MitM conceptual question

What's the best way to setup a home network? Why should I care about BGP?

MitM conceptual question

Post by gBarreras93 on Tue Nov 26, 2013 9:09 pm
([msg=78319]see MitM conceptual question[/msg])

Hello all,
I've read some Man in the Middle tutorials and demonstrations. I've never done it, though.
As far as I know, it's easy to execute a a MitM attack on a client connected to an open network.
The attacker only has to create a honeypot with the same essid as the open network where the client is connected. He may need to overlap the original network.
For that purpose, the client has to receive higher signal from the fake network than the original one. Then, the client is going to connect to the honeypot and he's going to be attacked by a MitM attack.

My question is: in a WEP/WPA/WPA2...Let's imagine a WPA2 network, which is protected by a password authentication.
The attacker has to create a honeypot whith the same essid and also set the same password as the original network, right?
Otherwise the client, who will try to connect automatically with the stored password, won't be able to connect to the network, because the passwords won't match.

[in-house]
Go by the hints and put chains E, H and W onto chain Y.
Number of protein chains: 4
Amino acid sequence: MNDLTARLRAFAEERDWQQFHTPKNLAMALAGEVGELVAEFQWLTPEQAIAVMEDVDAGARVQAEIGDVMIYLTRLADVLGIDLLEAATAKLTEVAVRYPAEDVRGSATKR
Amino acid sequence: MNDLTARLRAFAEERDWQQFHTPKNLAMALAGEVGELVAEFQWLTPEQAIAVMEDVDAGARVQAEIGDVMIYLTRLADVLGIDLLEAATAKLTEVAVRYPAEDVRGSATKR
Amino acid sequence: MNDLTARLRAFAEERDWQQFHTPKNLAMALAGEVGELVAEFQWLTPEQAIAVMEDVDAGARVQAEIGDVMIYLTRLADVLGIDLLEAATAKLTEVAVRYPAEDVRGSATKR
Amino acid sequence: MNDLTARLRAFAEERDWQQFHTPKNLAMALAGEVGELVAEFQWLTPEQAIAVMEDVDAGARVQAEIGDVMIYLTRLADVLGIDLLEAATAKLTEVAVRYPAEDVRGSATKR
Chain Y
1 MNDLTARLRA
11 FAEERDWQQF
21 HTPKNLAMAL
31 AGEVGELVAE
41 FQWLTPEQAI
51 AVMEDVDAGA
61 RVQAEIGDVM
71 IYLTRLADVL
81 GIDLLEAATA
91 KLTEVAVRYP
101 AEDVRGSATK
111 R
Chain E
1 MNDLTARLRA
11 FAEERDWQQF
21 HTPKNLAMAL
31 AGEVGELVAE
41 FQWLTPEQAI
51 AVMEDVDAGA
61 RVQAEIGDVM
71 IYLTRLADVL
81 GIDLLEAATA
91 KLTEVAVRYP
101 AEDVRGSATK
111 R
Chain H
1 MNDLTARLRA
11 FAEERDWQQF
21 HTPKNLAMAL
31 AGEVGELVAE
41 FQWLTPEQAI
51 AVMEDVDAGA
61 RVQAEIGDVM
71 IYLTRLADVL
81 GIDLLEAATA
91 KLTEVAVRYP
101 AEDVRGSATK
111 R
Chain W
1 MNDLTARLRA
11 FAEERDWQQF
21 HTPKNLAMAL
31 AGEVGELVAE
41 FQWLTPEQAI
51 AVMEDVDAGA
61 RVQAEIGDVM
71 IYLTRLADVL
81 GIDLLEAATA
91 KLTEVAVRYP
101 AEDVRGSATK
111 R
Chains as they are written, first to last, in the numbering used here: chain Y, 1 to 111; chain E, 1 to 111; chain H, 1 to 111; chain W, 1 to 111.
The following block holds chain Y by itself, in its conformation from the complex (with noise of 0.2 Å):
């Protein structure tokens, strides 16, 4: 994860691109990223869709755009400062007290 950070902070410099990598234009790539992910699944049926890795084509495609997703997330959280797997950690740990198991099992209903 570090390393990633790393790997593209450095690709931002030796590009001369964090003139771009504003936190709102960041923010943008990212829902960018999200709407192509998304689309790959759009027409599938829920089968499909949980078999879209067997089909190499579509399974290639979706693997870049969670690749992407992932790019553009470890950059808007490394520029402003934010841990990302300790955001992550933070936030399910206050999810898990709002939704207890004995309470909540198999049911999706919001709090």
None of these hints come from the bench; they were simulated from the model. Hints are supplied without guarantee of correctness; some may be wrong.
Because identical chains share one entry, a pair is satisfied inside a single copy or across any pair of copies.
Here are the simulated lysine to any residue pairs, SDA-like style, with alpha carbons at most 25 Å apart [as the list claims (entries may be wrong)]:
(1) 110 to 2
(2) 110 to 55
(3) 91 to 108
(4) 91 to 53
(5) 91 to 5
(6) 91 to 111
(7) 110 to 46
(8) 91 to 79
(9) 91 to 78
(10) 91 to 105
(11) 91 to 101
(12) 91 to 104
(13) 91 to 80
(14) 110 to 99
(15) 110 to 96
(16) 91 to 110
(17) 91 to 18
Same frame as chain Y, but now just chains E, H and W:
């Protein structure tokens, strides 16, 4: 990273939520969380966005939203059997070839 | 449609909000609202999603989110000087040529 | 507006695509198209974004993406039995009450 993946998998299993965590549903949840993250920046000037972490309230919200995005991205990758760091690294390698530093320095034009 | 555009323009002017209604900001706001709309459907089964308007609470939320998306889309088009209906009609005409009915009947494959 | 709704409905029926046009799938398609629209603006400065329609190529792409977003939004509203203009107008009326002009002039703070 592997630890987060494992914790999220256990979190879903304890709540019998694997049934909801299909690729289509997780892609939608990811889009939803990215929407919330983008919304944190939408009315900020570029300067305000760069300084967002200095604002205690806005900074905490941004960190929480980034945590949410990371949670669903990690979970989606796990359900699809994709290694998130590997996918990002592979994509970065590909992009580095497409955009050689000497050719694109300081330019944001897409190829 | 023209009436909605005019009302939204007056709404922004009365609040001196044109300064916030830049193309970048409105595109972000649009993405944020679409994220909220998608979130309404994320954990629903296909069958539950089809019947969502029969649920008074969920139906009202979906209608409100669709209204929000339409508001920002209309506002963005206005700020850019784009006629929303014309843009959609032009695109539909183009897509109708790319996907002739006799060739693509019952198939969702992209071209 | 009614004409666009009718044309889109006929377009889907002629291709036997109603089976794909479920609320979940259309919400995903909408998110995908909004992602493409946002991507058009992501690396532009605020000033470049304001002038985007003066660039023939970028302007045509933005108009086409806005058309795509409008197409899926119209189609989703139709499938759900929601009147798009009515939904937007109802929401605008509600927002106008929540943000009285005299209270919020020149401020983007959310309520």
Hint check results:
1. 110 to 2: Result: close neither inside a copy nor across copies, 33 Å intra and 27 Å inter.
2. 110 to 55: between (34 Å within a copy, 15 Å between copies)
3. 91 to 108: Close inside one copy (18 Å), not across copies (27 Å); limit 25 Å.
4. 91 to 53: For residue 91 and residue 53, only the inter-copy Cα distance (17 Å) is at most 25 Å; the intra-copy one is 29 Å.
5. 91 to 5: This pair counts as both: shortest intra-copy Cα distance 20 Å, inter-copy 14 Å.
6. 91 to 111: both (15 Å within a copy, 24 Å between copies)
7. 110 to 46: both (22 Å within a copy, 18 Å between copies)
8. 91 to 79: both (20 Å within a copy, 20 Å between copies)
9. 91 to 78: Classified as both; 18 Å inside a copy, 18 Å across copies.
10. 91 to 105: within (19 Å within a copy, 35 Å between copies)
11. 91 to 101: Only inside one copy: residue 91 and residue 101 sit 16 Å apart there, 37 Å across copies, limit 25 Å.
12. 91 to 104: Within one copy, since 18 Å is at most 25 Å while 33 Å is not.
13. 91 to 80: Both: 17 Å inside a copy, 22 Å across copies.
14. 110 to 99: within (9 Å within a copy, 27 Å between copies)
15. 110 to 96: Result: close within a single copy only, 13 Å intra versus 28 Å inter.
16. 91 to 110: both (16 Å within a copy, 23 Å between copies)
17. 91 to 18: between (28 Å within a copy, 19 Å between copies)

In the case the fake network has different encryption configuracion from the original(like WEP, or open authentication), the client will not be able to match the original data remembered with the fake network, even if both have the same essid and bssid.
So, in order to do a MitM attack againts a client connected to a WEP/WPA/WPA2 you have to crack the password before. Is that correct?

Thaaaank you!


This is my first post, by the way Grin.
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Re: MitM conceptual question

Post by WallShadow on Wed Nov 27, 2013 6:52 am
([msg=78324]see Re: MitM conceptual question[/msg])

I'll admit that i haven't practiced this stuff in a while, so i don't remember the details perfectly.

however, first: you are describing an evil twin attack. although you can further proceed to make it into a mitm attack if you pull it off properly.